Heirlooms and antiques. You’d be surprised what an antique camera can add to a display of family photos. Or how an antique vase can set the tone for an entire room. These items are inexpensive to purchase at an antique store, but if you have a family heirloom with a story it’s even better.

Personal or seasonal touches. Remember, your family and your community are unique and should be celebrated. So, for example, if your family took a unique vacation to a sandy beach last year, you can fill a decorative jar with the sand and surround it with a photo or two. Or, you can simply bring natural elements–such as pinecones or autumn leaves–inside and place them in a large bowl or dish with photos or candles.

Warm the senses. Don’t forget to fill the air with a fresh fragrance that fits the mood you’re creating. Often, those fresh scents are the first things that visitors notice. So consider lighting scented candles, purchasing plug-in air fresheners with seasonal scents, or just baking homemade cookies before company arrives.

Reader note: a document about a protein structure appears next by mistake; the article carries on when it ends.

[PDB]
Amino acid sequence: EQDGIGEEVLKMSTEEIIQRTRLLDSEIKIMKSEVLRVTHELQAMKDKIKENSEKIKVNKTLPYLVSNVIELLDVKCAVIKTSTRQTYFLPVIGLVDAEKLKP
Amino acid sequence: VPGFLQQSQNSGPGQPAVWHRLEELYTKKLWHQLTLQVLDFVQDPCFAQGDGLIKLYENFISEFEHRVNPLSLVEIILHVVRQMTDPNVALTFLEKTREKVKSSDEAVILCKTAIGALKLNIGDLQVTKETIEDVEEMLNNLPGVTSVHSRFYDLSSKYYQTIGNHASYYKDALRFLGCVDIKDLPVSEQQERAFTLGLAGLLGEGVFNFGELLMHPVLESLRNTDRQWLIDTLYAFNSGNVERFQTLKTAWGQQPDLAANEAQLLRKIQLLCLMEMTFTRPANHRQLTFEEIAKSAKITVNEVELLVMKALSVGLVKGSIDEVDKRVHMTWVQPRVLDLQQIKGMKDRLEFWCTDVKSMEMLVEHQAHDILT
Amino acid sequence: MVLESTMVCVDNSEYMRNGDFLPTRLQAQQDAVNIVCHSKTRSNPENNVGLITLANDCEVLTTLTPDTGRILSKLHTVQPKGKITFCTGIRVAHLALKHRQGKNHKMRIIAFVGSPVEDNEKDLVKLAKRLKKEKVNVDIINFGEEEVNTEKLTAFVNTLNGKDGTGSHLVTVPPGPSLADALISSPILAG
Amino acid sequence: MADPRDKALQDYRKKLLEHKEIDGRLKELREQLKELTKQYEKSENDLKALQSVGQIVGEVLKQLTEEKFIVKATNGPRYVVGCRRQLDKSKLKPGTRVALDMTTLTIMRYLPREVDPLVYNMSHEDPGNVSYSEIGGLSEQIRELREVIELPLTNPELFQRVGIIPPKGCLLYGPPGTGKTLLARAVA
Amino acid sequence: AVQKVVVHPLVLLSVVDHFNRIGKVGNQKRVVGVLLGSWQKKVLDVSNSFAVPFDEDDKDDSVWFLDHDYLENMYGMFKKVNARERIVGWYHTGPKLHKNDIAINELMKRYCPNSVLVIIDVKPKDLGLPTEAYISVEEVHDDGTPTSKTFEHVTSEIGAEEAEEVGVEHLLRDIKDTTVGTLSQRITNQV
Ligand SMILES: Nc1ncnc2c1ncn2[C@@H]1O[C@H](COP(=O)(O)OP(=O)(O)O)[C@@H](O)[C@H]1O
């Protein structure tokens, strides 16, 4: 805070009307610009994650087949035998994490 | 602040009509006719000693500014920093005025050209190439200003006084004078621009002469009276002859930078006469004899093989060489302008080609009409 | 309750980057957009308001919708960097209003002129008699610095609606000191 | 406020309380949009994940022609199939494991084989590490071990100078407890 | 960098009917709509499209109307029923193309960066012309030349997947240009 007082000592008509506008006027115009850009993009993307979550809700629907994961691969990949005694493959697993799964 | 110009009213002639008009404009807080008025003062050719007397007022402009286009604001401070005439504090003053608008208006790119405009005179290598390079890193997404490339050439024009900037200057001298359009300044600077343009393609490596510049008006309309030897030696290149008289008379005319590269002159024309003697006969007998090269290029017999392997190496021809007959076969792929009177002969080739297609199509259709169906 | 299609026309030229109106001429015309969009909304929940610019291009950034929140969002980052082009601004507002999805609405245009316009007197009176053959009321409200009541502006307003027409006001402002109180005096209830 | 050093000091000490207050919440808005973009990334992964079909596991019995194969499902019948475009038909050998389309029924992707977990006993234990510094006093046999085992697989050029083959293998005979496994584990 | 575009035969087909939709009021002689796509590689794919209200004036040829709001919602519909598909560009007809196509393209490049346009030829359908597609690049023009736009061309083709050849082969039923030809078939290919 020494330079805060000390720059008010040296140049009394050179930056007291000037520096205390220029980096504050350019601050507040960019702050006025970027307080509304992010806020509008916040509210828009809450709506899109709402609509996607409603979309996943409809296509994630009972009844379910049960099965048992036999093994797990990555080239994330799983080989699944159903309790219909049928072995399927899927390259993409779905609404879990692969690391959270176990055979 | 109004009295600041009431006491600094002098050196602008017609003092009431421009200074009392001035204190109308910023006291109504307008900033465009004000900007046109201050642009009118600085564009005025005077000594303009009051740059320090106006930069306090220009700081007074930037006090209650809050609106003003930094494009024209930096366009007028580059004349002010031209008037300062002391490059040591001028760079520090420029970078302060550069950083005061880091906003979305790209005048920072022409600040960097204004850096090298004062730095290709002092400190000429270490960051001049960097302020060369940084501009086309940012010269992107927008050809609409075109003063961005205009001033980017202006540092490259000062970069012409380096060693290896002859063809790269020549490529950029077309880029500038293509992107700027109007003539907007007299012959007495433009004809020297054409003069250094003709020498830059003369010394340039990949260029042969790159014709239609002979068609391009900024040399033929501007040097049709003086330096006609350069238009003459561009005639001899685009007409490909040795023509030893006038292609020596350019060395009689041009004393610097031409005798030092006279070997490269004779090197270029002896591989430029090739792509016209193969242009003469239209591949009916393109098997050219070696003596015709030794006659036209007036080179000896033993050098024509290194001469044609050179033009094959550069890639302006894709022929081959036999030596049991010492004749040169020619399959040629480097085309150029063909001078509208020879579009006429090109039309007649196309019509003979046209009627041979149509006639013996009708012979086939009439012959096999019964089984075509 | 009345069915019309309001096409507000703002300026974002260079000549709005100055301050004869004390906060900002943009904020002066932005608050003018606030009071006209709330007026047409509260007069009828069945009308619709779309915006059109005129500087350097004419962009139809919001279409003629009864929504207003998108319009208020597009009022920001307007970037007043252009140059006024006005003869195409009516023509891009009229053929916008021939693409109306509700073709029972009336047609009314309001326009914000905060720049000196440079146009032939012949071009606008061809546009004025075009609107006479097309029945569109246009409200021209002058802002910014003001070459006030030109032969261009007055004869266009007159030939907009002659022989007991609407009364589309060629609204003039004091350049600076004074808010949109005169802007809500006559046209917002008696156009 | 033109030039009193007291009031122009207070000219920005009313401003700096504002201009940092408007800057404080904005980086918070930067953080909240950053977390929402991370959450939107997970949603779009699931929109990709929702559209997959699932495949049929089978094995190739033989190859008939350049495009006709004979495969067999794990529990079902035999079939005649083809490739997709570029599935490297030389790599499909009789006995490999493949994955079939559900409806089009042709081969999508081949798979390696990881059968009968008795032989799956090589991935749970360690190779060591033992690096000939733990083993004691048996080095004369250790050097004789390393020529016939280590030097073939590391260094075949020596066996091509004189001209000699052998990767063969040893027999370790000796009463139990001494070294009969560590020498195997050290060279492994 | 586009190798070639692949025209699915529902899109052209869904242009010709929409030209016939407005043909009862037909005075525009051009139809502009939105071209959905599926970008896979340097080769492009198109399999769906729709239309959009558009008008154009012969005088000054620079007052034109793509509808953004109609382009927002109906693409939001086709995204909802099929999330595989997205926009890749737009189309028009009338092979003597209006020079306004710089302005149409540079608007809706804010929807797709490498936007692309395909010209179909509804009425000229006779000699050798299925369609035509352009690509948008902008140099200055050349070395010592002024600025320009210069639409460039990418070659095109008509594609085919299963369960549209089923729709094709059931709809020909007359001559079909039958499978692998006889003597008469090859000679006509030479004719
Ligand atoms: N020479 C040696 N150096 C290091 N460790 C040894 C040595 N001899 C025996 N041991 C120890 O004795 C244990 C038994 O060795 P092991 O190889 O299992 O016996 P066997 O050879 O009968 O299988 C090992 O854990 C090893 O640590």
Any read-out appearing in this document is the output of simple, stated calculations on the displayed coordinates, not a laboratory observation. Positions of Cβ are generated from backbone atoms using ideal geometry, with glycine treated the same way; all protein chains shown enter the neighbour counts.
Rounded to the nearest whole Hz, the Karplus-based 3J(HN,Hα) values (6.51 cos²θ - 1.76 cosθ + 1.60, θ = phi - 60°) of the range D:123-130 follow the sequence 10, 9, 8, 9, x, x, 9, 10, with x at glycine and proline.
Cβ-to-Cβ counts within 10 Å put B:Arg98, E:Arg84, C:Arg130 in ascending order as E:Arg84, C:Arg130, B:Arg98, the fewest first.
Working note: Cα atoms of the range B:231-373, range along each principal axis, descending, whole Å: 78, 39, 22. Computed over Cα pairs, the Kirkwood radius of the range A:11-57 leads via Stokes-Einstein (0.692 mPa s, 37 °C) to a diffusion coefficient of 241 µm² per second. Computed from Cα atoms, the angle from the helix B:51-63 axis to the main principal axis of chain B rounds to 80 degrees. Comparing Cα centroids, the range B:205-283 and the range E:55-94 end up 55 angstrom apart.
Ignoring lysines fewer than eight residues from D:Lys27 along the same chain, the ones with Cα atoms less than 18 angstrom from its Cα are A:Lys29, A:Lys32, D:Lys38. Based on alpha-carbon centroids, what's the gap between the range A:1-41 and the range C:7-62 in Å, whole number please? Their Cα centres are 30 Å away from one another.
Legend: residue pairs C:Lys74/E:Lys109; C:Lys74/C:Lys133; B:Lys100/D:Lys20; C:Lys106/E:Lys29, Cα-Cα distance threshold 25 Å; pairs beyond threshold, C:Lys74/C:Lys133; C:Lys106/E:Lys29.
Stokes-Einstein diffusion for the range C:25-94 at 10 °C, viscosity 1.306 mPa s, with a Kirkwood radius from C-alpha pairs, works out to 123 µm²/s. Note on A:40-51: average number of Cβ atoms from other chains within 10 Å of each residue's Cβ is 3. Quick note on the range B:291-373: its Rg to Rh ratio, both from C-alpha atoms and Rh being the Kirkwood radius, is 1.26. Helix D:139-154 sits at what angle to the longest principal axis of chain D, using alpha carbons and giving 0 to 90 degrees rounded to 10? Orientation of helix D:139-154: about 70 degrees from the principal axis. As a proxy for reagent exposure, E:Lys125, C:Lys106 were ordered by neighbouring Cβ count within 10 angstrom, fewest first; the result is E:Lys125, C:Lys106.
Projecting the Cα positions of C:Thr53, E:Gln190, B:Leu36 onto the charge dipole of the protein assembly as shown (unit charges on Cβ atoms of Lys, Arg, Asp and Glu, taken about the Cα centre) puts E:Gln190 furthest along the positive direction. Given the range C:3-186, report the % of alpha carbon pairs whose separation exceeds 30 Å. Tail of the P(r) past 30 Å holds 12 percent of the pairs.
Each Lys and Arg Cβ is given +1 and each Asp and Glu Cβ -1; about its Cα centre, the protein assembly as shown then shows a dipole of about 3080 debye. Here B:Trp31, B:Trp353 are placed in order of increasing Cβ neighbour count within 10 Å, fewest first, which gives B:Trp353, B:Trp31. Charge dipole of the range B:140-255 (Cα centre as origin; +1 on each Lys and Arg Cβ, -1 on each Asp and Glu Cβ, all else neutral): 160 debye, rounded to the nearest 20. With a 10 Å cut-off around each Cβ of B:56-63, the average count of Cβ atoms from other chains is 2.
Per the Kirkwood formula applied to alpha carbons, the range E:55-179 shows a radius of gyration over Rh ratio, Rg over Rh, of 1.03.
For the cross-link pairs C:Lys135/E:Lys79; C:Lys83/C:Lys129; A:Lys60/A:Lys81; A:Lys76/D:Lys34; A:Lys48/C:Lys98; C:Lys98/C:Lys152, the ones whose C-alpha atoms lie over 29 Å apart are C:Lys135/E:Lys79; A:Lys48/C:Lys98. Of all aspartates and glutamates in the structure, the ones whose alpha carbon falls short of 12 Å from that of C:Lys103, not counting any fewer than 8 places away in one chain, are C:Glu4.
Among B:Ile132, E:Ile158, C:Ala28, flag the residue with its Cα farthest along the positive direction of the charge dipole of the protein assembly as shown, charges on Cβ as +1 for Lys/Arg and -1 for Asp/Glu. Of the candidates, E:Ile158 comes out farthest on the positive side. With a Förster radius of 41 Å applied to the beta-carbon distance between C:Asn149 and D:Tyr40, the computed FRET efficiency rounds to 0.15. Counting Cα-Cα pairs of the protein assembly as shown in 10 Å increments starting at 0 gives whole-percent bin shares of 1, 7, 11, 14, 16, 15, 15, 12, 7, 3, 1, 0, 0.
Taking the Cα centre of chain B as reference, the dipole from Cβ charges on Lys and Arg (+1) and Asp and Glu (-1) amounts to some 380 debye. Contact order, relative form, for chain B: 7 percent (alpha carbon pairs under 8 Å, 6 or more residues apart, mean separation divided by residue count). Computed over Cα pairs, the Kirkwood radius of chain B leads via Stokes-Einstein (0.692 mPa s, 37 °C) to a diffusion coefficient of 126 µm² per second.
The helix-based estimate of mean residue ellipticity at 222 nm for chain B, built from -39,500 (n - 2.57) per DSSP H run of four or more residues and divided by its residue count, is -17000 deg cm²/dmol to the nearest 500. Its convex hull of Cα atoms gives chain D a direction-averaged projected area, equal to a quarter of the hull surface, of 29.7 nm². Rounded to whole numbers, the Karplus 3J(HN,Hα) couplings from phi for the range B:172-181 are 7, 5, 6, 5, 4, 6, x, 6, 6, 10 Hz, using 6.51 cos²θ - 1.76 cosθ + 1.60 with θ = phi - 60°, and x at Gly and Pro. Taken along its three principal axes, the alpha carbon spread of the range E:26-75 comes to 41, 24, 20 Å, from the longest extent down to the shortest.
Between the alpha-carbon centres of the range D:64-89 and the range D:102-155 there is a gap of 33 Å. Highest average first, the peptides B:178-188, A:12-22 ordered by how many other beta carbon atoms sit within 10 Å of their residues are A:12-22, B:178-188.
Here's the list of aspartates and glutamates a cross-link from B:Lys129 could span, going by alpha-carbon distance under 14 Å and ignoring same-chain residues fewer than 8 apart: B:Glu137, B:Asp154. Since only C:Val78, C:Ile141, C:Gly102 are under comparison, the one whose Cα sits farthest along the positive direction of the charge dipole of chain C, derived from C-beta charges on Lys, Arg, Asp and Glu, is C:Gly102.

Facts and Figures
Fumble? Foul? No…Just the Facts!
   
In honor of Super Bowl XLVI we turned to the Census Bureau for some fun facts about the demographics of the host city (Indianapolis) and the cities (New York and Boston) represented in this year’s big game at Lucas Oil Stadium.

  • New York ranks first on the list of the nation’s most populous cities.
  • On average, it takes New York residents 38.7 minutes to get to work–and 55% of them take public transportation.
  • Median home value of owner-occupied homes in Boston is $369,600.
  • 44% of Boston residents 25 and older have a bachelor’s degree or higher, according to data from 2010.
  • According to data from 2010, the estimated population of Boston was 617,594.
  • The median household income for Indianapolis, Indiana is $38,502.
  • The median home value of owner-occupied homes in Indianapolis is $118,100.
   

Certified Mortgage Planner, Curtis Schartz, Home loan, Interest Rate, Interest Rates, kansas city, lees summit, lower interest, lower rates, Mortgage, mortgage backed securities, no cost refinance, overland park, Pulaski Bank, purchase,

Feb

6